MEPS 438:129-142 (2011)  -  doi:10.3354/meps09298

Response of the benthic foraminiferal community to a simulated short-term phytodetritus pulse in the abyssal North Pacific

Annekatrin J. Enge1,*, Hidetaka Nomaki2, Nanako O. Ogawa2, Ursula Witte3, Markus M. Moeseneder3,4, Gaute Lavik5, Naohiko Ohkouchi2, Hiroshi Kitazato2, Michal Kučera1, Petra Heinz

1Department for Geosciences, University of Tübingen, Hölderlinstrasse 12, 72074 Tübingen, Germany
2Institute of Biogeosciences, Japan Agency for Marine-Earth Science and Technology (JAMSTEC), 2-15 Natsushima-cho, Yokosuka, 237-0061, Japan
3Oceanlab, University of Aberdeen, Newburgh, Aberdeenshire AB41 6AA, UK
4National Oceanography Centre, University of Southampton, Waterfront Campus, European Way, Southampton SO14 3ZH, UK
5Max Planck Institute for Marine Microbiology, Celsiusstrasse 1, 28359 Bremen, Germany

ABSTRACT: Foraminifera are an important faunal element of the abyssal ecosystem and largely depend on deposited particulate organic matter from the photic zone to sustain their metabolism for growth and reproduction. However, their role in the carbon cycle in deep-sea sediments is insufficiently studied. We investigated benthic foraminifera at Station M (4000 m depth) in the Northeast Pacific and assessed the response of individual species to a simulated phytodetritus pulse during an in situ feeding experiment. Sediments were incubated for 4 d with 13C-labeled diatoms (Thalassiosira weissflogii) applied to the sediment surface. The living foraminiferal community (>0.063 mm) of the upper 3 cm contained >100 species and was strongly dominated by a few taxa of soft-walled saccamminids. Population density of the entire living foraminiferal community was highest at the sediment surface (mean ± SD = 279 ± 72 ind. 10 cm−3 in background and 13C-incubated cores) and decreased gradually with depth. Large differences were observed in the uptake of the algal material among species and between depth levels. During the experiment, 0.82 mg C m−2 were ingested, mainly by calcareous (~60%) and agglutinated (~40%) foraminifera. Uptake was highest at the sediment surface and 3 to 5 times less in deeper sediment horizons. Despite clear signs of vitality and a strong representation in the foraminiferal community, none of the soft-walled species showed a noticeable response to the offered algal material. We conclude that soft-walled foraminifera may not be important to the short-term phytodetrital matter cycling at the abyssal sea floor.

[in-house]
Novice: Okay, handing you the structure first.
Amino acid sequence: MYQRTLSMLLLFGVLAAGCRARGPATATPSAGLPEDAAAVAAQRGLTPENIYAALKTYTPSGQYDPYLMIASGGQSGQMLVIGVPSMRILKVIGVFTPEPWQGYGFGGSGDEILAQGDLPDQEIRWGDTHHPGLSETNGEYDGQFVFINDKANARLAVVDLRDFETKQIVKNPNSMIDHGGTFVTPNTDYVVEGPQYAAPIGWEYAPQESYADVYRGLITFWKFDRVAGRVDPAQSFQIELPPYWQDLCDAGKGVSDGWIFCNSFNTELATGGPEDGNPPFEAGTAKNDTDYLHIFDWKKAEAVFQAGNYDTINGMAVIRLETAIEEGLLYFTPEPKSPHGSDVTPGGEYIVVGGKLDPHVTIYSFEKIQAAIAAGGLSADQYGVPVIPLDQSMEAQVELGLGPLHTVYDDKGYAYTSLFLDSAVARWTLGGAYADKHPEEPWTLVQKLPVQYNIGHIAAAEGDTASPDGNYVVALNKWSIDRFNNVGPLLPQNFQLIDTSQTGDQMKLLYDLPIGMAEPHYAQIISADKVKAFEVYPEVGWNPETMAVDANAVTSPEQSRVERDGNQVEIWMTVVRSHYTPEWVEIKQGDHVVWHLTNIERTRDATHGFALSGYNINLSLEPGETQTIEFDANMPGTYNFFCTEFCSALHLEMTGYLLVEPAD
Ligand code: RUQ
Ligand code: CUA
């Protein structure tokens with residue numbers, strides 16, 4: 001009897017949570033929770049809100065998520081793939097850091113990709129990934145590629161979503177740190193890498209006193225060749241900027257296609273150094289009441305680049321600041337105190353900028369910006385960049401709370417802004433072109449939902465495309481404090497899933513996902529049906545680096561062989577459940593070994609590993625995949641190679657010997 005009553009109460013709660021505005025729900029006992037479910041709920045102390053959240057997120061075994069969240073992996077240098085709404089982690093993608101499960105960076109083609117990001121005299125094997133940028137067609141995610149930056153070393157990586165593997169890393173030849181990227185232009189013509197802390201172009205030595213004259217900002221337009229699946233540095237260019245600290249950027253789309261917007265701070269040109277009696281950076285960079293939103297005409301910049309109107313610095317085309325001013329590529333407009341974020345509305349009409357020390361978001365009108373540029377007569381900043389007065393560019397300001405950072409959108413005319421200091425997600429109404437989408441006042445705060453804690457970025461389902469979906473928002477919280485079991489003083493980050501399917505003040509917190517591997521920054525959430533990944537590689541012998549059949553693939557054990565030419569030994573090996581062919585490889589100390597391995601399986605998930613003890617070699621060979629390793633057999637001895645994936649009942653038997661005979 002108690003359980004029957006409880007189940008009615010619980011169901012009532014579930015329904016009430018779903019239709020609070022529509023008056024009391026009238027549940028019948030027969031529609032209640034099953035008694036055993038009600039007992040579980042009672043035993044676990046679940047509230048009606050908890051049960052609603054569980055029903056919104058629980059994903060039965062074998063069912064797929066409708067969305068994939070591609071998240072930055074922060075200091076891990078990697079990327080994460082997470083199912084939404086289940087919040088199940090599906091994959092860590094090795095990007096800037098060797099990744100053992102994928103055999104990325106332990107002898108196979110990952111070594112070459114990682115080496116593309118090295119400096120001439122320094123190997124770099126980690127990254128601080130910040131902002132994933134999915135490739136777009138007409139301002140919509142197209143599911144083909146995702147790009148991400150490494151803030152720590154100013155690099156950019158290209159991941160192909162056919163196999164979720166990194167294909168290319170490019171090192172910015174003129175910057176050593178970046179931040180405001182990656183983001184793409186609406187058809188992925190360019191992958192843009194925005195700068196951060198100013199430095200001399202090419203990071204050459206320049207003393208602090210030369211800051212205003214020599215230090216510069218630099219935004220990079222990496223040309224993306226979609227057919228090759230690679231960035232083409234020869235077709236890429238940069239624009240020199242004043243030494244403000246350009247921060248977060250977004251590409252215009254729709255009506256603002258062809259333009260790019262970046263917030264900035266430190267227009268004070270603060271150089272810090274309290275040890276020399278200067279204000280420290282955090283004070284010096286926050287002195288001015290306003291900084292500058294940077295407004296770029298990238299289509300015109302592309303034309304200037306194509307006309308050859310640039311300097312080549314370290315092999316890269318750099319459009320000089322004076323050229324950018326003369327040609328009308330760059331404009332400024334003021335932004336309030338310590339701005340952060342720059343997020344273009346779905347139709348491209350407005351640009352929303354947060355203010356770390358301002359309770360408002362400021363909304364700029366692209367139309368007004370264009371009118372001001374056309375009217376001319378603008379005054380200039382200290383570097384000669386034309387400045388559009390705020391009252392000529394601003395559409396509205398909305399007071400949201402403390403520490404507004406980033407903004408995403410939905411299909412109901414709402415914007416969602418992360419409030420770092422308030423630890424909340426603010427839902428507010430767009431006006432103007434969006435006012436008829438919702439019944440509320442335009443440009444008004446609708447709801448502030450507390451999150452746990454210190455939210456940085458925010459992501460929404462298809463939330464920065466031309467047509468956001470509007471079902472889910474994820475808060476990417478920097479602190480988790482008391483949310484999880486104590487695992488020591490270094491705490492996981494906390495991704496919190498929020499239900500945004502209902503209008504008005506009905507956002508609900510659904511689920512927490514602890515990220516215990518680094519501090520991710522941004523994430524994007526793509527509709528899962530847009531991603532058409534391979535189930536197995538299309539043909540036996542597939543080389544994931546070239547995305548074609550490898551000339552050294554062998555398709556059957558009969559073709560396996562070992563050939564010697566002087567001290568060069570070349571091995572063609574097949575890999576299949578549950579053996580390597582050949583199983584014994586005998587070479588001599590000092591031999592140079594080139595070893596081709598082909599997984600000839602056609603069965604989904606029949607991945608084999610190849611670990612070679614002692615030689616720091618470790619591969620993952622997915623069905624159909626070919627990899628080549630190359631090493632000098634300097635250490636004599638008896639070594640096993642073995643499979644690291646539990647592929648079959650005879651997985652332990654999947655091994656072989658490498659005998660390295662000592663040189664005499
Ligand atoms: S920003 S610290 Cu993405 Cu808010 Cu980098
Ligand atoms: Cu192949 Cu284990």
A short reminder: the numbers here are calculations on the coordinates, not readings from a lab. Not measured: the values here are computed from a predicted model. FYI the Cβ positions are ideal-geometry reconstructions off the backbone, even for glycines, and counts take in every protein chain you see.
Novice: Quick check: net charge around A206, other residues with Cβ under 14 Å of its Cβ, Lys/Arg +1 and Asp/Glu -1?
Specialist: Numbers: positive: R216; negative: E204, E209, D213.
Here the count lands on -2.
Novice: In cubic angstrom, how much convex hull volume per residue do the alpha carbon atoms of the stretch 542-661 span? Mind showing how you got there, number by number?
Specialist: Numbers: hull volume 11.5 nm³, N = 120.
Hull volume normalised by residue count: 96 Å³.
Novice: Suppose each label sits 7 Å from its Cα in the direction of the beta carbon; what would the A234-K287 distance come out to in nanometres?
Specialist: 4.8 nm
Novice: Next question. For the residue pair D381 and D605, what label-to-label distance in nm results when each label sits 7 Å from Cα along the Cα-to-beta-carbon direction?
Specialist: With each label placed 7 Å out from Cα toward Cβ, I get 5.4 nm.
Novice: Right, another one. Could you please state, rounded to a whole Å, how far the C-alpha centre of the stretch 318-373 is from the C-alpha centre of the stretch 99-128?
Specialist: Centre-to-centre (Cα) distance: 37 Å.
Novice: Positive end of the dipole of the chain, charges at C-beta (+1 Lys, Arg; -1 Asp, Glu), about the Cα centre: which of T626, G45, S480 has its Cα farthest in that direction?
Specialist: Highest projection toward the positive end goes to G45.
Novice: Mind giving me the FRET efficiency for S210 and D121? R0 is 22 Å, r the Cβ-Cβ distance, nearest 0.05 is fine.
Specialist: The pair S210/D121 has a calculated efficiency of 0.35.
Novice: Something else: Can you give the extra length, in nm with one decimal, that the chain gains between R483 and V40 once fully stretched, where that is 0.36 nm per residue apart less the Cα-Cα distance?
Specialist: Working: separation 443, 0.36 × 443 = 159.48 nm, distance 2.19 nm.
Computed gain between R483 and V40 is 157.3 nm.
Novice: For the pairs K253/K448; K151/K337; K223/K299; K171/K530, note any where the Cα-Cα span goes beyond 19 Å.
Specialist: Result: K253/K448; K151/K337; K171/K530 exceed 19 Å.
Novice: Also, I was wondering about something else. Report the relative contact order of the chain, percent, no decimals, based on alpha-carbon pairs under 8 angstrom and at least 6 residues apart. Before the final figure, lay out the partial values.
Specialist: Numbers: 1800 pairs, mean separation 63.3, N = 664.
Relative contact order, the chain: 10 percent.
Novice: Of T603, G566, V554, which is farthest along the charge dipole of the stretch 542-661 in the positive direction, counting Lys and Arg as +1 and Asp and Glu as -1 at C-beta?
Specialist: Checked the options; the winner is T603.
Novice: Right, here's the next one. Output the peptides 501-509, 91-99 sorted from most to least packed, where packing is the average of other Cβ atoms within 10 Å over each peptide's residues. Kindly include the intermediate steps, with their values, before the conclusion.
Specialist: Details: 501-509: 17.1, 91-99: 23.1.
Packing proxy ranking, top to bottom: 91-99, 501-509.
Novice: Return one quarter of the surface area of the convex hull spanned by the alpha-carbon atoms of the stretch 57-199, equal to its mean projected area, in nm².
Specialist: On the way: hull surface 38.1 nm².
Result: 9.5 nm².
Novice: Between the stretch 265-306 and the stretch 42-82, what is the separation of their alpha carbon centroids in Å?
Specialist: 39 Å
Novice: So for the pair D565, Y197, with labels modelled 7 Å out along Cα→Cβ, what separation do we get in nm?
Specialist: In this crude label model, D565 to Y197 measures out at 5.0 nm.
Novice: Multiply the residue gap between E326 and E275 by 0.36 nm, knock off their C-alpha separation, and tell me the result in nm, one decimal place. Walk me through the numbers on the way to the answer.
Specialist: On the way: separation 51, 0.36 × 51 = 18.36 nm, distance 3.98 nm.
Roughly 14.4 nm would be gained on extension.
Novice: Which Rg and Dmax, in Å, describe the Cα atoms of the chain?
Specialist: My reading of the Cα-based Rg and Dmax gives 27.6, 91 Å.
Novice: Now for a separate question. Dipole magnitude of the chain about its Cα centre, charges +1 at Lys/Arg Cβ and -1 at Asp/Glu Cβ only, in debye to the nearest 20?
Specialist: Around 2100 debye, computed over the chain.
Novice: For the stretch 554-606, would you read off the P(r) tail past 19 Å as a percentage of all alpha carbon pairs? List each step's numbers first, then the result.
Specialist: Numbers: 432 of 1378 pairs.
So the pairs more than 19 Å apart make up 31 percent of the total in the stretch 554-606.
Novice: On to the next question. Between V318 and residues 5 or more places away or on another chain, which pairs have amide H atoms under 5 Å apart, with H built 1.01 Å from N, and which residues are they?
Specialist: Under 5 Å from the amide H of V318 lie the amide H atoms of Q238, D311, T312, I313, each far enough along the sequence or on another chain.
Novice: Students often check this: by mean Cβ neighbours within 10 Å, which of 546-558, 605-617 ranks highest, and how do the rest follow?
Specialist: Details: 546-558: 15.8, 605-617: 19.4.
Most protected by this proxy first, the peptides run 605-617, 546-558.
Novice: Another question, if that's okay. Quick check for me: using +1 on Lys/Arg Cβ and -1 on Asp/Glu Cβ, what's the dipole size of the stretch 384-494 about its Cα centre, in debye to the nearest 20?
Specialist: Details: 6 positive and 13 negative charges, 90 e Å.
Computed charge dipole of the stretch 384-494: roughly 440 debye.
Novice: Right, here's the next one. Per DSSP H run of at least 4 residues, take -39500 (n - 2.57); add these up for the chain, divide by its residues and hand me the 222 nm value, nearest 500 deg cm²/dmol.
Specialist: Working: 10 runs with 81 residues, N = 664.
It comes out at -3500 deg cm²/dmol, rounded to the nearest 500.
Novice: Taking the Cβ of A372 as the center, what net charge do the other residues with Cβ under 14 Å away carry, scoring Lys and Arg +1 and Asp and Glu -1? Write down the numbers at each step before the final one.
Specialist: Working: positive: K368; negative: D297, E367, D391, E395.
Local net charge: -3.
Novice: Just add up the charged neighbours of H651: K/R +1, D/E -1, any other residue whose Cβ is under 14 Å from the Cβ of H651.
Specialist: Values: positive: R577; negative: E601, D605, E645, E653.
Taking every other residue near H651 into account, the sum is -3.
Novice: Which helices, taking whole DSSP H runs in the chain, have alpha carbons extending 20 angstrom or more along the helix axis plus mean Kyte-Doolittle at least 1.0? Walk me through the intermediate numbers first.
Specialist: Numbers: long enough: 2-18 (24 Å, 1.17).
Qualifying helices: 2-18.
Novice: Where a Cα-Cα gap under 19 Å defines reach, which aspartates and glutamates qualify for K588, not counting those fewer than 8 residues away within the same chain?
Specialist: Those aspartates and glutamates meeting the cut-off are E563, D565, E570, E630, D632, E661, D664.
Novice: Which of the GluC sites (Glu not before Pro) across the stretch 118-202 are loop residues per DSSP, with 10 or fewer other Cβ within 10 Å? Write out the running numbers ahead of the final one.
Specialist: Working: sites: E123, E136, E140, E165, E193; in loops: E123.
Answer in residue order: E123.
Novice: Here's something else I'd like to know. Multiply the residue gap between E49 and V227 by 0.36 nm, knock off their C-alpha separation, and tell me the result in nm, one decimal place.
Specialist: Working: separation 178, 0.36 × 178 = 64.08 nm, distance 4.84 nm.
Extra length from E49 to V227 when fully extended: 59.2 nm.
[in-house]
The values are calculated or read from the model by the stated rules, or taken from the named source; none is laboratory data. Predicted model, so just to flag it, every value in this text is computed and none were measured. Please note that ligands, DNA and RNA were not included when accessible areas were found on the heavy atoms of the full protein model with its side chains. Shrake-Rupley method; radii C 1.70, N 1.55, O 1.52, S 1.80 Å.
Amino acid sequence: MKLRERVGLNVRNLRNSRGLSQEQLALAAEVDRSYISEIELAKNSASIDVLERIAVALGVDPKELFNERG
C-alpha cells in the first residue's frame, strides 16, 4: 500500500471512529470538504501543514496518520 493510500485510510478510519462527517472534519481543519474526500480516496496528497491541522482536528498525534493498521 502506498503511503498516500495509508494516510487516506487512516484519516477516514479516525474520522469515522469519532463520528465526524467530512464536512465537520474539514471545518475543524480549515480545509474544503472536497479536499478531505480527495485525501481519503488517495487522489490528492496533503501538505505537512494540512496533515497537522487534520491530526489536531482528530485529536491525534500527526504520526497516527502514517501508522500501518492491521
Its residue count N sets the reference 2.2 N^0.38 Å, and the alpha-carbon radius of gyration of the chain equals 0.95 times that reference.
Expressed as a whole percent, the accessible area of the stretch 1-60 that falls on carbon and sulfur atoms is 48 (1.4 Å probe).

KEY WORDS: Deep sea · North Pacific · In situ feeding experiment · δ13C · Isotopic labeling · Benthic foraminifera · Carbon remineralization · Soft-walled saccamminid

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Cite this article as: Enge AJ, Nomaki H, Ogawa NO, Witte U and others (2011) Response of the benthic foraminiferal community to a simulated short-term phytodetritus pulse in the abyssal North Pacific. Mar Ecol Prog Ser 438:129-142

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